The Department of Computer Science at the University of Virginia has been awarded a large Principles and Practice of Scalable Systems grant from the National Science Foundation for collaborative research.

As the lead institution, UVA will receive $3 million of the total $4,999,995 award. The partner institutions, the University of Pittsburgh and Saint Louis University, will receive $1.8 million and $199,995 respectively.

Aidong Zhang, the William Wulf Faculty Fellow and professor of computer science, biomedical engineering and data science, is the principal investigator on the project, Co-designing Hardware, Software and Algorithms to Enable Extreme-Scale Machine Learning Systems. Zhang leads a team that includes four co-PIs and two senior personnel from the UVA Department of Computer Science.

Contributing for UVA are:

  • Kevin Skadron, Harry Douglas Forsyth Professor of Computer Science
  • Matt Dwyer, Robert Thomson Distinguished Professor, computer science
  • Ashish Venkat, William Wulf Career Enhancement Assistant Professor, computer science
  • Brad Campbell, assistant professor, computer science and electrical and computer engineering
  • Tianhao Wang (senior personnel), assistant professor, computer science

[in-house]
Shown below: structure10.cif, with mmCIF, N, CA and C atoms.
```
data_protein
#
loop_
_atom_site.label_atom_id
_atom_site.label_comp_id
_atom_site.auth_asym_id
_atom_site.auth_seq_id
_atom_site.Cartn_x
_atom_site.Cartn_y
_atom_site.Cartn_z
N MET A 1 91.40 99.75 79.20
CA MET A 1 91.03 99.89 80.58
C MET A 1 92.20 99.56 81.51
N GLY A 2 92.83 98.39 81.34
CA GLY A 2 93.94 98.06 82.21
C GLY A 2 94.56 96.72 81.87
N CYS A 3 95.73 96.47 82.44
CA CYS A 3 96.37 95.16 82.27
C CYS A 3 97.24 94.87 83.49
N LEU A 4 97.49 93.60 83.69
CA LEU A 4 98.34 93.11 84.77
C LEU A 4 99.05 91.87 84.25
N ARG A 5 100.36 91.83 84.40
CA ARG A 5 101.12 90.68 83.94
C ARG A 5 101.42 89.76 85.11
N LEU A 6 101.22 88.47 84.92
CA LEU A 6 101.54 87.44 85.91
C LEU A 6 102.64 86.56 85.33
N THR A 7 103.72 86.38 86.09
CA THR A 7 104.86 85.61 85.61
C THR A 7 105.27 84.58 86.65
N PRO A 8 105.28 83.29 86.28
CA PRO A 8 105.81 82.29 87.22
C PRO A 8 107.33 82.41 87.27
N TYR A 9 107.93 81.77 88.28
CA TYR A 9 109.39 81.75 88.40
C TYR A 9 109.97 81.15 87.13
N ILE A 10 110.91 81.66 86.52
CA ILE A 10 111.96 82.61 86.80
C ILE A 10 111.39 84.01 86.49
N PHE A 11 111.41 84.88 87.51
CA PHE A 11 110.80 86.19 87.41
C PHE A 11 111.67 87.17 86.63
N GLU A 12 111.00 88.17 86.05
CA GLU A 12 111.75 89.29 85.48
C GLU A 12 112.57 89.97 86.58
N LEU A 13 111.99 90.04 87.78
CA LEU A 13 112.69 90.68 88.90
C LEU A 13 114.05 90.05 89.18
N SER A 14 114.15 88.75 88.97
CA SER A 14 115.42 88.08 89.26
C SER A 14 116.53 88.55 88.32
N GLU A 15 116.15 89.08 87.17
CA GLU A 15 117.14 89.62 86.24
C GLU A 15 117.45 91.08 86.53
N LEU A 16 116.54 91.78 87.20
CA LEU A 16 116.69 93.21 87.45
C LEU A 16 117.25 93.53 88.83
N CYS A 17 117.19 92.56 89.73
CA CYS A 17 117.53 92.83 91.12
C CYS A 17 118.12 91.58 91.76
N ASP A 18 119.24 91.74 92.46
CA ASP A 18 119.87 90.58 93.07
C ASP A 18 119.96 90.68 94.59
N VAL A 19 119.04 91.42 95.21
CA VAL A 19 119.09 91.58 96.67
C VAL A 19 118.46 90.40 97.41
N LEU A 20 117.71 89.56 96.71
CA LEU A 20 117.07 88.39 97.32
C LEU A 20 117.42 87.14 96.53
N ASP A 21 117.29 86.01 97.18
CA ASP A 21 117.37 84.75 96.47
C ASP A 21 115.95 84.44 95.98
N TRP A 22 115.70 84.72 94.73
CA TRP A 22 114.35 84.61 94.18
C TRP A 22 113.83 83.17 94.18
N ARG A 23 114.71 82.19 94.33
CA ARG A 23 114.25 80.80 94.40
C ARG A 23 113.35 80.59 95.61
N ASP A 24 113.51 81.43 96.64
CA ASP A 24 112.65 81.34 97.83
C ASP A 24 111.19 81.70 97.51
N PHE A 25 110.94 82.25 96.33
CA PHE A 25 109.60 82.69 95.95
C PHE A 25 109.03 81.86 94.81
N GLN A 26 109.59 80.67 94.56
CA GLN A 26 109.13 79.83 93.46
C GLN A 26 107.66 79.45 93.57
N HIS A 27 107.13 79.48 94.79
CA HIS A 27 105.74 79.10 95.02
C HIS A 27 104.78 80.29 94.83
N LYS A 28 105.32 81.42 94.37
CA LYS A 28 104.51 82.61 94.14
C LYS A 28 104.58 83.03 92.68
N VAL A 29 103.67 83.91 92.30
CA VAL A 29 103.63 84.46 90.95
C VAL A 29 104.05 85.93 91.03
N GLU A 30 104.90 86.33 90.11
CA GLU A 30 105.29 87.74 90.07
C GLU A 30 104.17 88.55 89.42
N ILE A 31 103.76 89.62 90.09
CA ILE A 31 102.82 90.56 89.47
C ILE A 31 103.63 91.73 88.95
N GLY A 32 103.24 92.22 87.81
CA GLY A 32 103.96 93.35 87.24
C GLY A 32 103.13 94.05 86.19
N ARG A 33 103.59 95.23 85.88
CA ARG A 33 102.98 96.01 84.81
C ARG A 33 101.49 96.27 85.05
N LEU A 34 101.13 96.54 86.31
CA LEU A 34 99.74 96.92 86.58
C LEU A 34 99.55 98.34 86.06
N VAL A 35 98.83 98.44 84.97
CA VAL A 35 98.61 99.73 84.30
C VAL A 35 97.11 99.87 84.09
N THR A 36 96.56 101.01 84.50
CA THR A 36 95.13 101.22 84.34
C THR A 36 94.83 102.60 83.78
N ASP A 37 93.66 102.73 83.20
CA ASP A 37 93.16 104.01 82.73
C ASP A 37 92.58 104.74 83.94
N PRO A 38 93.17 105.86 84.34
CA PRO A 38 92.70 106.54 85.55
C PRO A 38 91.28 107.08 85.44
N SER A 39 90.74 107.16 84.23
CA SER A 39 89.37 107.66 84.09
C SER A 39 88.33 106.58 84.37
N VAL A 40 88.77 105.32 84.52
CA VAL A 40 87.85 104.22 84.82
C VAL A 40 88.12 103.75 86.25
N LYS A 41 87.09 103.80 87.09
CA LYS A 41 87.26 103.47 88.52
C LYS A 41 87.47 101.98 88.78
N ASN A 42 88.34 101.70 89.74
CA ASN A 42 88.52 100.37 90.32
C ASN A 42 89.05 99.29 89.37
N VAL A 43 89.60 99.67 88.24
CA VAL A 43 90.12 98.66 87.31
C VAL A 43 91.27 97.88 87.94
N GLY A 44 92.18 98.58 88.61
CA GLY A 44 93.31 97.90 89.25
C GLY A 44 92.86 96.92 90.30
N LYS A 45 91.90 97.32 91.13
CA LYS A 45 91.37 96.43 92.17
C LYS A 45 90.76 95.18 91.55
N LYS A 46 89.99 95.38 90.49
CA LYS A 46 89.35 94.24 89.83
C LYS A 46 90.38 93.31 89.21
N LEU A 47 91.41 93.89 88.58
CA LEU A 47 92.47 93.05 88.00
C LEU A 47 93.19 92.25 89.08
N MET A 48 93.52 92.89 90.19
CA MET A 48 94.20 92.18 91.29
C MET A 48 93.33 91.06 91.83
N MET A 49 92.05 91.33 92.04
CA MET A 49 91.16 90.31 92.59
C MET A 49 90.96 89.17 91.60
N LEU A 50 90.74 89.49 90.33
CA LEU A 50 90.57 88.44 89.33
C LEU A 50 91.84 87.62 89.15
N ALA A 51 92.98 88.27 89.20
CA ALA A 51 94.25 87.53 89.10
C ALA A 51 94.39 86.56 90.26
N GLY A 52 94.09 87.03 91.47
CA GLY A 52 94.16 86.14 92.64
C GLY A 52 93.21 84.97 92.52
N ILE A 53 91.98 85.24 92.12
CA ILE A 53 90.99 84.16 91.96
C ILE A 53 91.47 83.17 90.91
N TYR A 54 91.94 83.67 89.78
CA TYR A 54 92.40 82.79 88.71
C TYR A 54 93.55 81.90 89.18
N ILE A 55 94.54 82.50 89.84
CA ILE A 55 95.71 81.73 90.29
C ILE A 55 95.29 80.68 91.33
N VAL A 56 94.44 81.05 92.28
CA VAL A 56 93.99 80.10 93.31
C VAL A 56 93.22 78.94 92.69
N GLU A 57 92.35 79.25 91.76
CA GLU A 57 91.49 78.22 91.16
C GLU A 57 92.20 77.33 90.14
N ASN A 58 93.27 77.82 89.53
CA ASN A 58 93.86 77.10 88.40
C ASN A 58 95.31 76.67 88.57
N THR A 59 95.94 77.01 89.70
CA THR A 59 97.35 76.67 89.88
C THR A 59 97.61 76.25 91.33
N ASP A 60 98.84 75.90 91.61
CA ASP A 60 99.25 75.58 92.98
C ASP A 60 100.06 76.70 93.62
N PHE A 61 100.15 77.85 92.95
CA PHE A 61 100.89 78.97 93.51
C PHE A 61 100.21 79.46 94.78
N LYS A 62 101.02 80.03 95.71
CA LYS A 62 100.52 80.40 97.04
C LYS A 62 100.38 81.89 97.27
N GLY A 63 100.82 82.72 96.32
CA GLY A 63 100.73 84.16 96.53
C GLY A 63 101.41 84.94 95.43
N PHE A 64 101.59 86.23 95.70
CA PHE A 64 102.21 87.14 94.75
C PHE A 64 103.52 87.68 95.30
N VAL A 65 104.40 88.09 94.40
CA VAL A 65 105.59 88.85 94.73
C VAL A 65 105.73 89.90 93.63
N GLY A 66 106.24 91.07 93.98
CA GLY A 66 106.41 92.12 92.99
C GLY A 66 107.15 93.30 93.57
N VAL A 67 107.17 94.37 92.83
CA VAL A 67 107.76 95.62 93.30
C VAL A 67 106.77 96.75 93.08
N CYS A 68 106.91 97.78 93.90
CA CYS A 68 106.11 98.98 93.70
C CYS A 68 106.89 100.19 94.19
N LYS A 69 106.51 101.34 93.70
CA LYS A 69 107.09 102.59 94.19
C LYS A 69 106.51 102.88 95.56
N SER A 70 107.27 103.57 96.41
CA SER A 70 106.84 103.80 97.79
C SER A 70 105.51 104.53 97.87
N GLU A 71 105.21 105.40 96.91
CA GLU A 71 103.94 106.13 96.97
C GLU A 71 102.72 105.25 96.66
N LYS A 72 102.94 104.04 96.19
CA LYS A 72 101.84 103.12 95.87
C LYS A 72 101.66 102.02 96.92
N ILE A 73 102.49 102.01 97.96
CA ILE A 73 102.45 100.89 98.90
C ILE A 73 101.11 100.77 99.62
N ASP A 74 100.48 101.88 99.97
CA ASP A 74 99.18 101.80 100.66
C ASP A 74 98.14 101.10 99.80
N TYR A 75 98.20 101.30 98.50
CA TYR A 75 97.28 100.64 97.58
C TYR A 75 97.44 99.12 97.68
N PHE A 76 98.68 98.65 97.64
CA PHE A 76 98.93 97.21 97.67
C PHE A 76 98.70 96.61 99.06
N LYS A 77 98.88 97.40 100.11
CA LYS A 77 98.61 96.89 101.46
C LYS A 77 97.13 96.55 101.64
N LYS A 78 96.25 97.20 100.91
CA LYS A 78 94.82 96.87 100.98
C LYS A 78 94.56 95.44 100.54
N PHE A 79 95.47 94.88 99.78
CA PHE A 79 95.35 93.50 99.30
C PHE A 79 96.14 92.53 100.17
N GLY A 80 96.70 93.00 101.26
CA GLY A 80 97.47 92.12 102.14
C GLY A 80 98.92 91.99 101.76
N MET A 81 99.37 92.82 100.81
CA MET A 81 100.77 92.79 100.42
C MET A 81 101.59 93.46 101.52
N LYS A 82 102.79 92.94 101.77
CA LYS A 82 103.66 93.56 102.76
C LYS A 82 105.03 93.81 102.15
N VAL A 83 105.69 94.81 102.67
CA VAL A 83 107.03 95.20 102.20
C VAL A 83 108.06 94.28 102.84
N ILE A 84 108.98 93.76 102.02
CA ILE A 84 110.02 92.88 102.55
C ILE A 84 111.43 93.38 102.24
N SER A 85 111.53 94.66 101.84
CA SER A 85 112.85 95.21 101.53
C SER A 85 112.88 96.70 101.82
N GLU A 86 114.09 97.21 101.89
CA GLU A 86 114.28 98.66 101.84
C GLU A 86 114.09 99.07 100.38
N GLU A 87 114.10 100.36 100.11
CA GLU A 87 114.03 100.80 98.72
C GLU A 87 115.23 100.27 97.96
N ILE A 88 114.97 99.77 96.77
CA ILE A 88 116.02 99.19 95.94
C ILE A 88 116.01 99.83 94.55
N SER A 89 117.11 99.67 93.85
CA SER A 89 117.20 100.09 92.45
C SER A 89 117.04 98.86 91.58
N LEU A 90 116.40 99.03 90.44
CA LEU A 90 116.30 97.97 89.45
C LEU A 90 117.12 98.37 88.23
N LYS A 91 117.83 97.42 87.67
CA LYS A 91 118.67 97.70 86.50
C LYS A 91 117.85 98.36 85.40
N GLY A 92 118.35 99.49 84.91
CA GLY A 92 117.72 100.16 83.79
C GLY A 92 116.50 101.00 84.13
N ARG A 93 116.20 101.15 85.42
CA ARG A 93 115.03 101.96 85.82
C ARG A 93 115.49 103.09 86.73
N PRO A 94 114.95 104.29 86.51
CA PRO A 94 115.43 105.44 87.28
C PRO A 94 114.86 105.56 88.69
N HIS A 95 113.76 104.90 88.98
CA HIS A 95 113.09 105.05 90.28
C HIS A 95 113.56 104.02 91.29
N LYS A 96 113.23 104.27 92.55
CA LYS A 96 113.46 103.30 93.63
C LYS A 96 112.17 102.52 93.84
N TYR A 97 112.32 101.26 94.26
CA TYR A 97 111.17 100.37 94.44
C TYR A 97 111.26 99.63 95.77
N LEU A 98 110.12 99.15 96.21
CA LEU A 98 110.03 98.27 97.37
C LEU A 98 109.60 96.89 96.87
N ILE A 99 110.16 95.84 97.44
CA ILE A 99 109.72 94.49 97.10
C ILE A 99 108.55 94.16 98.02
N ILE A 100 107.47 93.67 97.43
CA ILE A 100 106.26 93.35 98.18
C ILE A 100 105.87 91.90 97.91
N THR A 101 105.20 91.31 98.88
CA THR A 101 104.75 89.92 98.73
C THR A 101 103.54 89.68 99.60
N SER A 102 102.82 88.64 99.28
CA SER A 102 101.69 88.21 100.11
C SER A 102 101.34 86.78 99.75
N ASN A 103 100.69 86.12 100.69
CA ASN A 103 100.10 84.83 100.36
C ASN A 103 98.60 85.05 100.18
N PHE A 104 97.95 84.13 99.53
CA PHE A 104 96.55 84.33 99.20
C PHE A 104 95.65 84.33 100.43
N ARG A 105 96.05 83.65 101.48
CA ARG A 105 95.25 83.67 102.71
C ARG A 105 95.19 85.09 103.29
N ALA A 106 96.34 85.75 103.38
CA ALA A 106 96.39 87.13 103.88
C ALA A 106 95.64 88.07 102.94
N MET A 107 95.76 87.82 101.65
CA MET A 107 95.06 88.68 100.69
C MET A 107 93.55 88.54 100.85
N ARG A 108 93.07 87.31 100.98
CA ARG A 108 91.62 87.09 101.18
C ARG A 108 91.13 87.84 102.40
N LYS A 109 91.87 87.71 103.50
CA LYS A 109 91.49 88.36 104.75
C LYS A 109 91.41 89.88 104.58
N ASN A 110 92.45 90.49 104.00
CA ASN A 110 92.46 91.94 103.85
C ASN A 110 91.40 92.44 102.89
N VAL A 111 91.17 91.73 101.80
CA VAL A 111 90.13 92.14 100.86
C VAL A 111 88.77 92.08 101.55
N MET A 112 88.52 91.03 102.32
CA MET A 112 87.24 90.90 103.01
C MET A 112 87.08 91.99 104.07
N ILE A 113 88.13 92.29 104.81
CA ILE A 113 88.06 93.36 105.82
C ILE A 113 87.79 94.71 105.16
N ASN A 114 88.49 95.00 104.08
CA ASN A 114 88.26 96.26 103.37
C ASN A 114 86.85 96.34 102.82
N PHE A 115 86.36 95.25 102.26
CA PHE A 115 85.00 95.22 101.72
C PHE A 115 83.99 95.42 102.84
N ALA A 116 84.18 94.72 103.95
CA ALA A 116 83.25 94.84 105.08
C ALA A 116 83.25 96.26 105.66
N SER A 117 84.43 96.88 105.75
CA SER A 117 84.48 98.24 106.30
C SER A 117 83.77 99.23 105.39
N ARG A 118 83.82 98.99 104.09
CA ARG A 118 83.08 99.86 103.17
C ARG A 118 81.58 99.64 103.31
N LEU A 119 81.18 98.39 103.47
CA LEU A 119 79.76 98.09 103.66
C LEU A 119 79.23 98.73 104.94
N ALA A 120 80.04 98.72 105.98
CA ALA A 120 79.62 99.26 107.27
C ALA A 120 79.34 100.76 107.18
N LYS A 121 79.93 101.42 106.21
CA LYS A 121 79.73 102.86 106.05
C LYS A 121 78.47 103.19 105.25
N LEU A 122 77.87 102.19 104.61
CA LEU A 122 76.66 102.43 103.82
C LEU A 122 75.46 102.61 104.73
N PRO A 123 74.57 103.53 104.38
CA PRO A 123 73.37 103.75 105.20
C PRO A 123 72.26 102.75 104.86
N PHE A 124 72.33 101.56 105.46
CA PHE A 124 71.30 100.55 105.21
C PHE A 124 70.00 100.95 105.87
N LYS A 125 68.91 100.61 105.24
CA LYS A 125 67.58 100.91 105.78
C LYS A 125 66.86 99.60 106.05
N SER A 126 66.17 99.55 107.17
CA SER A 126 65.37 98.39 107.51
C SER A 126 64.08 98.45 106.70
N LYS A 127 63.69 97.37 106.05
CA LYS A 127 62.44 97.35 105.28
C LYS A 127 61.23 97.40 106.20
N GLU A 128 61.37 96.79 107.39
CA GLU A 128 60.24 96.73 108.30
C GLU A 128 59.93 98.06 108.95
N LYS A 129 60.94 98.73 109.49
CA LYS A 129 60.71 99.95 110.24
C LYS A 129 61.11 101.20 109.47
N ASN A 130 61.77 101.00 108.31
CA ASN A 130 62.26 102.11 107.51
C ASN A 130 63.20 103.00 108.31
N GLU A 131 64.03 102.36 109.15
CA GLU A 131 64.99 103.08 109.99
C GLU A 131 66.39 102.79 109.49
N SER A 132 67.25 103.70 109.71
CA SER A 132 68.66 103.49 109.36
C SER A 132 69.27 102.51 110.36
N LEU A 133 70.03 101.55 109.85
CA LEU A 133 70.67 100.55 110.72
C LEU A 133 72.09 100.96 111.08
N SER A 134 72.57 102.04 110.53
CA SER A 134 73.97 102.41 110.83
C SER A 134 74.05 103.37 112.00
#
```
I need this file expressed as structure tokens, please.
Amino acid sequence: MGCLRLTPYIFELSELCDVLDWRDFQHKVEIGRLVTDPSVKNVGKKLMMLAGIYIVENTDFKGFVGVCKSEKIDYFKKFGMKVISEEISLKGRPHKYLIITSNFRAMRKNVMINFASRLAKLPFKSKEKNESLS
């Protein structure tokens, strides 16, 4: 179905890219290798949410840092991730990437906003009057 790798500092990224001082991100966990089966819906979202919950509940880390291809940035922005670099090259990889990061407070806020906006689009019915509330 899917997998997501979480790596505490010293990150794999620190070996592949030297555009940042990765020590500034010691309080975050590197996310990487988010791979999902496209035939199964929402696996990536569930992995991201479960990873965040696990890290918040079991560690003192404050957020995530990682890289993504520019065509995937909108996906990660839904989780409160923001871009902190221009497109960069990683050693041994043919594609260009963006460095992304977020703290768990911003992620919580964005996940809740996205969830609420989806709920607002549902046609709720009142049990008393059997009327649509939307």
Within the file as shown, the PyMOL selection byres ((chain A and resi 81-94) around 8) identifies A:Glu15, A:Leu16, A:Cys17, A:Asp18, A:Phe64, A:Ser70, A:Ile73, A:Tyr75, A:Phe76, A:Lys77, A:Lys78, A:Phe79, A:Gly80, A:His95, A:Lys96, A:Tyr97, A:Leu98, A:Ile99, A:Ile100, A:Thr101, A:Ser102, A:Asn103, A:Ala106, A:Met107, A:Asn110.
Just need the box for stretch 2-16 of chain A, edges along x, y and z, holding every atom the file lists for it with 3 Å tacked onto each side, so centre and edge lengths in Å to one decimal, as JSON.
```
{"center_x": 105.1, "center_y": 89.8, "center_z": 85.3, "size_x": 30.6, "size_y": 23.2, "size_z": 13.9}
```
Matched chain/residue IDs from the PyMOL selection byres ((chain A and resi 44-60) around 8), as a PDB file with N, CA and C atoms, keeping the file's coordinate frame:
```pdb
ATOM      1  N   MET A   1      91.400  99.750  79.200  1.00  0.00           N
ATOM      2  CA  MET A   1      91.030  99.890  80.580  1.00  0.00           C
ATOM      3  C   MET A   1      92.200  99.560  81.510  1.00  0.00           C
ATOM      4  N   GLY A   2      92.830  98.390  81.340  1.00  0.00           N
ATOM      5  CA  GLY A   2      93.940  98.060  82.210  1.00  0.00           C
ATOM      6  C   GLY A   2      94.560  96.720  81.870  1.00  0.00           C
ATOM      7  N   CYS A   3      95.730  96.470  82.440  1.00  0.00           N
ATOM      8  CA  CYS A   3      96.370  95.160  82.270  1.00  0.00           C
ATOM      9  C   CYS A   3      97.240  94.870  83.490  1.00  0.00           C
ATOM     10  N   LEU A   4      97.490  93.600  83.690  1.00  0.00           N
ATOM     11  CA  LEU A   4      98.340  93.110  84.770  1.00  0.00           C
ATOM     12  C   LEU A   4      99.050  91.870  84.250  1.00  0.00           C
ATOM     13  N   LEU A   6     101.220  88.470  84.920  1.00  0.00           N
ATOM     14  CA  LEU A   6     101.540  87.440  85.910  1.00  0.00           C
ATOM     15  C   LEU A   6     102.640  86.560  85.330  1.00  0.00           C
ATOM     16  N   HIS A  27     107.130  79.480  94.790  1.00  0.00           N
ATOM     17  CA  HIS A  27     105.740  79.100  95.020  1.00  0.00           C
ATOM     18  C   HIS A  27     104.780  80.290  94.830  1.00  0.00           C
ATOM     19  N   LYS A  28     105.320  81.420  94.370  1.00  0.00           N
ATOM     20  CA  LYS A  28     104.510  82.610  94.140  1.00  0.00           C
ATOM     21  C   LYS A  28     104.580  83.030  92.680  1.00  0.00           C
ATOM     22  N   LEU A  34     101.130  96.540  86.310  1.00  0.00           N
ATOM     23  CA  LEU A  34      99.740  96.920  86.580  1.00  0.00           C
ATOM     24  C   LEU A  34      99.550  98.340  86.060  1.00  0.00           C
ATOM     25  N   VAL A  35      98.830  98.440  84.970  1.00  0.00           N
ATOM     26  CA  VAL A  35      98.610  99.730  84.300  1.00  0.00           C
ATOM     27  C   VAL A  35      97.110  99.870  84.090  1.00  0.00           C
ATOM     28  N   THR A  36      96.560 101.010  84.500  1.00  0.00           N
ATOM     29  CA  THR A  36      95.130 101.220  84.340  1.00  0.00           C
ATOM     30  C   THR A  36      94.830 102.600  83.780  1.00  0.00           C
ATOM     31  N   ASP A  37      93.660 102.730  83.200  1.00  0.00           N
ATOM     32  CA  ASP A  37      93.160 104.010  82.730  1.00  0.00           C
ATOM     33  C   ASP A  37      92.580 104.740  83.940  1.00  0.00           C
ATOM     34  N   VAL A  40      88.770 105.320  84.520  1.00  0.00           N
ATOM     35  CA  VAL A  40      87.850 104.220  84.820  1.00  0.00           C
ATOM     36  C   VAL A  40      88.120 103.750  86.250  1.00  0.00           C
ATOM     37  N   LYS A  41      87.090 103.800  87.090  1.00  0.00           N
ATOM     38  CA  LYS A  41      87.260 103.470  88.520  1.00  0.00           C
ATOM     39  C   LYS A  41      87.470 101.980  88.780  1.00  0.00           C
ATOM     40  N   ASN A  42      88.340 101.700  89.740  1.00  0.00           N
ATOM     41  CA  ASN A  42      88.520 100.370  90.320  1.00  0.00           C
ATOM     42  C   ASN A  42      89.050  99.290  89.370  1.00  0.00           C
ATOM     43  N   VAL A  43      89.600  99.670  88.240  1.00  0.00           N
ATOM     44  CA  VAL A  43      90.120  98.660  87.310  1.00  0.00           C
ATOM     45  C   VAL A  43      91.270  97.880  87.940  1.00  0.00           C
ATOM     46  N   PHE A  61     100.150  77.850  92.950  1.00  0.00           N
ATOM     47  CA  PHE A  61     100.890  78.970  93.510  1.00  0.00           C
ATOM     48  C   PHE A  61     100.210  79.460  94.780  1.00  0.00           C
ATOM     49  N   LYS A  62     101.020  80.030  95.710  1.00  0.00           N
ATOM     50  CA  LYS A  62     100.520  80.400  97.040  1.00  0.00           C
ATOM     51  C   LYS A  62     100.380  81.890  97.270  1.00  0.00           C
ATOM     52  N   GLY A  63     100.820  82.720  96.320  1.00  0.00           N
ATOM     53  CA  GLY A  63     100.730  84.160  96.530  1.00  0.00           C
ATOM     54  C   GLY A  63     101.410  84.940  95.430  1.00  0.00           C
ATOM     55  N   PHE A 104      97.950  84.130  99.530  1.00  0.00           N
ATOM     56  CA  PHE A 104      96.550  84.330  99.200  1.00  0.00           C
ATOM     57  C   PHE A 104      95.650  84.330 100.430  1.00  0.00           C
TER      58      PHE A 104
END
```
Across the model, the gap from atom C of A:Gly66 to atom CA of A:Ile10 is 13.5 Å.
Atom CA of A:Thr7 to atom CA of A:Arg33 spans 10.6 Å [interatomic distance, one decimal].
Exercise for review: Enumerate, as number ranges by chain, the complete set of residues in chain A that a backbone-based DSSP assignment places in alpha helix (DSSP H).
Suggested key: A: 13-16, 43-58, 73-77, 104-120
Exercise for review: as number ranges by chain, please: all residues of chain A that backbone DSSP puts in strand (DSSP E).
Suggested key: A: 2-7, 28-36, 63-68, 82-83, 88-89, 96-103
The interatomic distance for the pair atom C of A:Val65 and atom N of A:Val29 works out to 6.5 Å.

• Yonghwi Kwon (senior personnel), John Knight Career Enhancement Assistant Professor, computer science

The technologies of the “internet of things” – the vast network of connected products that make our cars, homes, businesses and cities more efficient – and artificial intelligence are converging into emerging systems computer science researchers refer to as the “artificial intelligence of things” and the “internet of senses.”

The first concept combines internet-of-things objects or networks, for example your internet-connected home thermostat or a diabetic patient’s glucose monitor, with AI technology. The second concept, the Internet of Senses, captures the billions of connected devices that enhance our senses and move them beyond the boundaries of our bodies, giving us augmented vision, hearing, touch and smell.

“Together, these technologies will enable us to blend multisensory digital experiences with our local surroundings and interact with remote people, devices and robots as if they were right beside us,” Zhang said.

These systems rely on machine learning, the use of algorithms and other computational processes to analyze data, recognize patterns and draw inferences with increasing accuracy without being programmed to do so. Artificial intelligence is the ability of machines to behave like humans. Machine learning is the part of AI that enables the machine to “think” like a human – in other words, to acquire intelligence.

Zhang and her colleagues posit the integration of the internet of things, the internet of senses and artificial intelligence will make these emerging systems “smart, communicative and powerful by processing data and making intelligent decisions” – if the systems can operate at the scale that will be required as billions of mobile and embedded devices multiply into the trillions.

Learn more about this project here.